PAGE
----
Logic would suggest this watch to be at least $5,000, and likely much more. After all, their 7750 chronographs are around $4,000 (often more) and previous versions of the Clifton with special movements were often north of $10,000, though admittedly featured gold cases. And it’s Richemont, after all, so the expectation is more expensive, not less.

It’s not as elaborate as a JLC caliber, but it’s not pedestrian either featuring snailing and prominent perlage.

Starting price (MSRP) for the Baume and Mercier Clifton Baumatic is $2,590 for the non-COSC version and $2,790 for the COSC reference. That is remarkable. For a quick comparison, Tudor’s in-house movement with a silicon balance, a 70-hour power reserve and COSC rating can be found for $3,450 (MSRP) in the Black Bay. Omega’s Co-Axial Master Chronometers start around $5,000 in the Aqua Terra Railmaster. Even the Nomos Neomatic start at over $3,000 in the Club model and those, while very thin, feature neither silicon nor are they chronometer rated.

Oddly, the closest thing on the market is the Christopher Ward SH21 movement. It’s the only other automatic, five-day chronometer in the group. That said, and while I am a huge fan of the movement and what the brand is trying to do with it, Christopher Ward are direct-to-consumer only, so their pricing is much lower, and they aren’t mass market or really a competitor of Baume and Mercier.

The non-COSC editions have  more space on the dial, which gives them a more conservative feel.

Taking a quick look at the movement in photos, it’s clearly not the elegantly finished caliber you’ll find in Baume and Mercier’s sister brands. It looks to be more in line with an elaboré-grade ETA, but this speaks to its purpose and pricing. This is clearly a new platform for the brand—a base, workhorse caliber for them to build on. It’s not about the looks; it’s about carving a new, (hopefully) entirely in-house niche for themselves. From our perspective, a Baume and Mercier with an in-house movement for under $5,000 would make them the entry-level luxury brand that they aim to be, rather than a questionably priced mall brand.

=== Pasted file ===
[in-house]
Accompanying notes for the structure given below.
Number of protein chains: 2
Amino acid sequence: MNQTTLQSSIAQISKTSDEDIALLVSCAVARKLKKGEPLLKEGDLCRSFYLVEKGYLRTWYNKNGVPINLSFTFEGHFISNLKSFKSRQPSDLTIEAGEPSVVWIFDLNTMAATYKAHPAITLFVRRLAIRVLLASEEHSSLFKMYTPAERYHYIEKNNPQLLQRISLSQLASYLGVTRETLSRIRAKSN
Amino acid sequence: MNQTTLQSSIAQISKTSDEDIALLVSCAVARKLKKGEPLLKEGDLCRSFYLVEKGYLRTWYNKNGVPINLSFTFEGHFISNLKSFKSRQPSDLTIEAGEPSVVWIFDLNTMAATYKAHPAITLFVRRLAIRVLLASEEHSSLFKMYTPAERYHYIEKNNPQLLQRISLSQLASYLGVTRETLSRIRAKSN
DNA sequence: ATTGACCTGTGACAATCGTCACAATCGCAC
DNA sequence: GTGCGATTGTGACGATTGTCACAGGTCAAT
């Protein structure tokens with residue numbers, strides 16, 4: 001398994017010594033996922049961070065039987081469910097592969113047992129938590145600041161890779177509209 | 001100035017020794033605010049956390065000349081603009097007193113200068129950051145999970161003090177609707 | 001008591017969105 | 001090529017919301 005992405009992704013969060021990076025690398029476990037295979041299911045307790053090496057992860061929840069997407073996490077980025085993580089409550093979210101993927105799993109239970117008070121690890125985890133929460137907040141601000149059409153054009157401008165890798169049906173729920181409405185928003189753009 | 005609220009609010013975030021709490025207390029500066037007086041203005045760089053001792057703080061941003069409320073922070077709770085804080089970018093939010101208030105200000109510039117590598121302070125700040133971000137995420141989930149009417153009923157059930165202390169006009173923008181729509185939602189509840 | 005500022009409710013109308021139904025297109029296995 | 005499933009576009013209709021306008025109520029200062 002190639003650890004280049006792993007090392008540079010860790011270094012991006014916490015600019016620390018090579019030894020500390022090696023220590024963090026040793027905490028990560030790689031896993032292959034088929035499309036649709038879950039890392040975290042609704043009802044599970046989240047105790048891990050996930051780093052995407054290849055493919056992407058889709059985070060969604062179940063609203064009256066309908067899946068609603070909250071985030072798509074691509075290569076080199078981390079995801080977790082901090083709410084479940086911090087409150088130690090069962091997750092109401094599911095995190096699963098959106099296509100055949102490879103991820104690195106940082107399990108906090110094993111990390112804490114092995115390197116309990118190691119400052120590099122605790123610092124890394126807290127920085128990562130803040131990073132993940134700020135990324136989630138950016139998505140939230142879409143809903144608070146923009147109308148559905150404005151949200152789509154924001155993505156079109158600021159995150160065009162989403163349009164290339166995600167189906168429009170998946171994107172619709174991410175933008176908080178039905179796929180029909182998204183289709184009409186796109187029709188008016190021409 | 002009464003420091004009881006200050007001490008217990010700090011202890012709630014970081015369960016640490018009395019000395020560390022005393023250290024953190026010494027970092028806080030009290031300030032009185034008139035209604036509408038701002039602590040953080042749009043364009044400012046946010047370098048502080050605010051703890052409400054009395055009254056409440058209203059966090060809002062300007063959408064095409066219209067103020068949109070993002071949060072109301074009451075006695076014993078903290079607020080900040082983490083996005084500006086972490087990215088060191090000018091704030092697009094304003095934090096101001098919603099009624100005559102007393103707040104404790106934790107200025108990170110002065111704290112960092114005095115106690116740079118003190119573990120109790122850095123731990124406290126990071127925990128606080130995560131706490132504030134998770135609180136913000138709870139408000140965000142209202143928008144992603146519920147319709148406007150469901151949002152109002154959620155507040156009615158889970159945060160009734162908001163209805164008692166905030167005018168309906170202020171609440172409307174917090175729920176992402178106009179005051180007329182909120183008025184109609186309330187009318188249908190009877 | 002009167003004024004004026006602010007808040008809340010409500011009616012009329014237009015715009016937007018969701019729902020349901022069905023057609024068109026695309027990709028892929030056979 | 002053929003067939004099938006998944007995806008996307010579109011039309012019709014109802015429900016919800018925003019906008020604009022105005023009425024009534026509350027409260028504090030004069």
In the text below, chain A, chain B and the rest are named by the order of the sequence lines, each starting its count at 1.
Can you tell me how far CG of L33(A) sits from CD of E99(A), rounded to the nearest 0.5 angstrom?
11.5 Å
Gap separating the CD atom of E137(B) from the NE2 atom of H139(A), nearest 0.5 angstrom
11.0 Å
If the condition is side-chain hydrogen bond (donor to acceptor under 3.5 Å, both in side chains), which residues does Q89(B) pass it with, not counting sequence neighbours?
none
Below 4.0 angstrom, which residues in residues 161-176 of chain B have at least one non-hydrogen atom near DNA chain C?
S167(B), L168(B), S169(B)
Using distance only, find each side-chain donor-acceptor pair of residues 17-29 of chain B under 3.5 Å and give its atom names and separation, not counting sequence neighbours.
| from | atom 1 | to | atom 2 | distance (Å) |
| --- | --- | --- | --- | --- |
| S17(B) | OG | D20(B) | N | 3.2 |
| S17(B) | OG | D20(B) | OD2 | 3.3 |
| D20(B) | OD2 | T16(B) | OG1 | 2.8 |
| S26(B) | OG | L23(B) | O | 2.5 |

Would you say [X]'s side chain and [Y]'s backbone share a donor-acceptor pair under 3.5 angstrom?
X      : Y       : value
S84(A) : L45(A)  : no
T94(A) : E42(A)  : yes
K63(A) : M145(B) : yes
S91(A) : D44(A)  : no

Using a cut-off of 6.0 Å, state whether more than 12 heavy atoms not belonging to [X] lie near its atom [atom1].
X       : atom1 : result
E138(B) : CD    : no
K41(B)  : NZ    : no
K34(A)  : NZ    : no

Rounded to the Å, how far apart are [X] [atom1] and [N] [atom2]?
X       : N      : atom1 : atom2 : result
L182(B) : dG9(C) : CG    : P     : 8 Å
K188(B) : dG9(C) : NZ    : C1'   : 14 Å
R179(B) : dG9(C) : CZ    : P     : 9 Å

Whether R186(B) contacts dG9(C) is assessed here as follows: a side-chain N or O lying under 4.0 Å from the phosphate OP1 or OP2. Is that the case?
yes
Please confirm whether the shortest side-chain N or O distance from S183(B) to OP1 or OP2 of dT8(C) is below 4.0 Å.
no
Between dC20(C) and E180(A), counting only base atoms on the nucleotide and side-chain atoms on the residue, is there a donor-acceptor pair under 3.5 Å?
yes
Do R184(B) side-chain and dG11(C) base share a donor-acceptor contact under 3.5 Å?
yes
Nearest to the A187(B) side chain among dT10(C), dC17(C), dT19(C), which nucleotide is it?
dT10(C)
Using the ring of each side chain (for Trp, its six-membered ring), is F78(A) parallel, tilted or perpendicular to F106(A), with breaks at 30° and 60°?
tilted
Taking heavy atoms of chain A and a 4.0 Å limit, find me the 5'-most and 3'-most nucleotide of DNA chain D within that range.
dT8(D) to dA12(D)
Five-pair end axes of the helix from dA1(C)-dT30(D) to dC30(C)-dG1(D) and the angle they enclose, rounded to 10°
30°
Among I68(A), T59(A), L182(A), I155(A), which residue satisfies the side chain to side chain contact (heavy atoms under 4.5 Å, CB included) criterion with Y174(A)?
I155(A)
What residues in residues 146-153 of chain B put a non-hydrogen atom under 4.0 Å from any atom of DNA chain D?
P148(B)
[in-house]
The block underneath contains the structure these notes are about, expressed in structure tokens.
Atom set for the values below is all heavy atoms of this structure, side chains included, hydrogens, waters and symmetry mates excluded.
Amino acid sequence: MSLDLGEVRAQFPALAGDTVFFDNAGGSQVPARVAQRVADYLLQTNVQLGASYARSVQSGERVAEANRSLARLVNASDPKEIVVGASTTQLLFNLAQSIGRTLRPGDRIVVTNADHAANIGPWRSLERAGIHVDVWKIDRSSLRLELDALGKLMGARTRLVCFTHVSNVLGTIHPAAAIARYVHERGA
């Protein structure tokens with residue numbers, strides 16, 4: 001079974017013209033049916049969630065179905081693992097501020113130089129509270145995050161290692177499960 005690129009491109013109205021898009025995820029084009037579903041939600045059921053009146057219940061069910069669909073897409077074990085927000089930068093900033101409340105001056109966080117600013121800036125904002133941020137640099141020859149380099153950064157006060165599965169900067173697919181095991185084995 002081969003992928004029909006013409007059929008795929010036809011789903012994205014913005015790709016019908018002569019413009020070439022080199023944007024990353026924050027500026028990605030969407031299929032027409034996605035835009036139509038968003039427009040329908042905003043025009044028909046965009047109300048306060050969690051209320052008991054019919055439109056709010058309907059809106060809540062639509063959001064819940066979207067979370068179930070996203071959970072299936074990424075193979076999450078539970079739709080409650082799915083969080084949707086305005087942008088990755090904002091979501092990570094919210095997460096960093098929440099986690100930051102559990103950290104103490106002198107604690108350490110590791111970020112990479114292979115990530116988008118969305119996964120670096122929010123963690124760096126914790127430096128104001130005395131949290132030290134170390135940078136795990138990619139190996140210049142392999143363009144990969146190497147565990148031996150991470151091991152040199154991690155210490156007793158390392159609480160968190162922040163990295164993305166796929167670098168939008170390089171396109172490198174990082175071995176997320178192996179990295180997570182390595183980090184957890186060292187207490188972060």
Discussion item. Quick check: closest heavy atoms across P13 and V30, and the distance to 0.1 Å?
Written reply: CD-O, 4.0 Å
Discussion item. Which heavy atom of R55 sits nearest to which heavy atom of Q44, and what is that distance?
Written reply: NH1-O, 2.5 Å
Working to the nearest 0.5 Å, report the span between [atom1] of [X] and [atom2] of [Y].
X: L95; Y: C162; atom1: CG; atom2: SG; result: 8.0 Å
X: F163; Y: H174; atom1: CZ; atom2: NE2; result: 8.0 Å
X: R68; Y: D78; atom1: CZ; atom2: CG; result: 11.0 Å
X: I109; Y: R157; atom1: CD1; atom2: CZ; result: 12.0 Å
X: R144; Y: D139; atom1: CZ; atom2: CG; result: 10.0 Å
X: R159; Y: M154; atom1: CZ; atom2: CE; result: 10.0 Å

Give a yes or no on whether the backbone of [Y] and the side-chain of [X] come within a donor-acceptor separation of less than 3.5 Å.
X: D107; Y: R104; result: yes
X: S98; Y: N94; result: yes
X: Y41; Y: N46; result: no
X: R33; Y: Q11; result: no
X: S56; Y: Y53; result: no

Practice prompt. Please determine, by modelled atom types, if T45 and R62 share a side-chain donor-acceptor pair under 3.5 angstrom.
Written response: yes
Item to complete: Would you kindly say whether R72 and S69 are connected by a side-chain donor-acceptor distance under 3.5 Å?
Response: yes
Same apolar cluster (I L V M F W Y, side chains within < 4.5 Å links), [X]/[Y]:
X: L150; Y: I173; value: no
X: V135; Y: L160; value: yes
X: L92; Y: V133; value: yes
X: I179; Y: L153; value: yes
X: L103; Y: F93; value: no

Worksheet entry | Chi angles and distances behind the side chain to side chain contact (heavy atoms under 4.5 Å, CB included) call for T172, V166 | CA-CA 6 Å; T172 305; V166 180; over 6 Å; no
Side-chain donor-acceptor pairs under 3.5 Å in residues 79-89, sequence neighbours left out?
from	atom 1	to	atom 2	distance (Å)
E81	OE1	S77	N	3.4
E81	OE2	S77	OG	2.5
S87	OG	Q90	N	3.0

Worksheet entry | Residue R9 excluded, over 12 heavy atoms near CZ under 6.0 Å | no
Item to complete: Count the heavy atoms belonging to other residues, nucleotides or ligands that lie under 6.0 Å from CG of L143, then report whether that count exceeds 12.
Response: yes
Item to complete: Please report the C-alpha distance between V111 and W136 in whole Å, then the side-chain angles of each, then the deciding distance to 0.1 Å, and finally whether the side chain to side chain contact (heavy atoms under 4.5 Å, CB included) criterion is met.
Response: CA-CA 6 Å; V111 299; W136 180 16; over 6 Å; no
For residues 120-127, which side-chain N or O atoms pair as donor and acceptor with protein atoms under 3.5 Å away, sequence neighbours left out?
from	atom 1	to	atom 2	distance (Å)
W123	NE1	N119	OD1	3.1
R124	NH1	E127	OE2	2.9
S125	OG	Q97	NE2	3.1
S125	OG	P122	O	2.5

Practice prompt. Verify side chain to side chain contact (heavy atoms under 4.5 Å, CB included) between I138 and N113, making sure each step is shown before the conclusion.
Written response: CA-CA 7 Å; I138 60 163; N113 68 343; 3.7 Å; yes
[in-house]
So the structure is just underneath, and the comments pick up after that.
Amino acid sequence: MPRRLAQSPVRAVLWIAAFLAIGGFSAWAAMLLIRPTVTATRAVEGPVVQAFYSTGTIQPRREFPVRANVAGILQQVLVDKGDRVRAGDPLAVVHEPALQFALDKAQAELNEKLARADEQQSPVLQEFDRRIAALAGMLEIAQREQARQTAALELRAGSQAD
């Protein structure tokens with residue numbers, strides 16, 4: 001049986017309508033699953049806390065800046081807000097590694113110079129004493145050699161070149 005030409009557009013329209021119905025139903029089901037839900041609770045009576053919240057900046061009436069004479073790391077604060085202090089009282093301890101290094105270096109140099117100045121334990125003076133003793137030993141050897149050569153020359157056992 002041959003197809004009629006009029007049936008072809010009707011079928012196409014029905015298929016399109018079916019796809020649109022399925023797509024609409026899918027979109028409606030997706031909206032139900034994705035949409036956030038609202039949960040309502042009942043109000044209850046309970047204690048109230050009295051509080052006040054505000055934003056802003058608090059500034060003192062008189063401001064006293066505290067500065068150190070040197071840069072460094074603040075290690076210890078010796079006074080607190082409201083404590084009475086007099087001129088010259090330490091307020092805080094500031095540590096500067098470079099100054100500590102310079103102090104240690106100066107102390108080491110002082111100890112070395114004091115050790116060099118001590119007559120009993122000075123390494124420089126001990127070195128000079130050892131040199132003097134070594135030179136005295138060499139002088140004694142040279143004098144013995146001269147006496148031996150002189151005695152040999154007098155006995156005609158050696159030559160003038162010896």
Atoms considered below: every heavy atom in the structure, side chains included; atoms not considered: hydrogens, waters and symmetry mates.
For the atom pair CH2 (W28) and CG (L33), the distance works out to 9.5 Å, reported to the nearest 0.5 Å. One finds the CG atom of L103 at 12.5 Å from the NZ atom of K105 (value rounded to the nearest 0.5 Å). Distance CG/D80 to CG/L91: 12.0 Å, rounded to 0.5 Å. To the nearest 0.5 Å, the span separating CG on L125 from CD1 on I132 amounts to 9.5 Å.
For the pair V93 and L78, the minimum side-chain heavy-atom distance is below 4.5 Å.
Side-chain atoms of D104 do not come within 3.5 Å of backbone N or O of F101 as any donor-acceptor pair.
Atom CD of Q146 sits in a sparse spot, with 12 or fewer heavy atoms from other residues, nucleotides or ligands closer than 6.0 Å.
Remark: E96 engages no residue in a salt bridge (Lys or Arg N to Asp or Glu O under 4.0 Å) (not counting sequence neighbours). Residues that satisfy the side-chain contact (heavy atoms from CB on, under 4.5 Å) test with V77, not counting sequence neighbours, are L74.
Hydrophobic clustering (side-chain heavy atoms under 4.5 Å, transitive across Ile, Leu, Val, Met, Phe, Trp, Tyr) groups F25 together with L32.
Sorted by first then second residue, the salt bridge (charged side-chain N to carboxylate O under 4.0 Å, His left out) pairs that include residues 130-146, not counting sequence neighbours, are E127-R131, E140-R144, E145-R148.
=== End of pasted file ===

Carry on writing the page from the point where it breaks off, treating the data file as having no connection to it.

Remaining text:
All in all, this is a huge development for Baume and Mercier, Richemont and frankly the watch industry. Not that long ago, anything “in-house” (speaking of Swiss and German watchmaking) was likely over $5,000. Only a few brands broke that mold and stood out. Now, more and more familiar names are making rather interesting movements under that threshold. This not only increases the expectations of what a watch in the $2,500 – $5,000 range can be, but also what watches priced above that can be. Additionally, it’s a sign that value is becoming a key strategy for brands that were largely marketing-driven before. As the way we learn about and buy watches changes, companies need to do more to make sales. In the end, consumers will hopefully be the winner.

For more on the Clifton Baumatic: Baume-et-Mercier.com

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Zach is the Co-Founder and Executive Editor of Worn & Wound. Before diving headfirst into the world of watches, he spent his days as a product and graphic designer. Zach views watches as the perfect synergy of 2D and 3D design: the place where form, function, fashion and mechanical wonderment come together.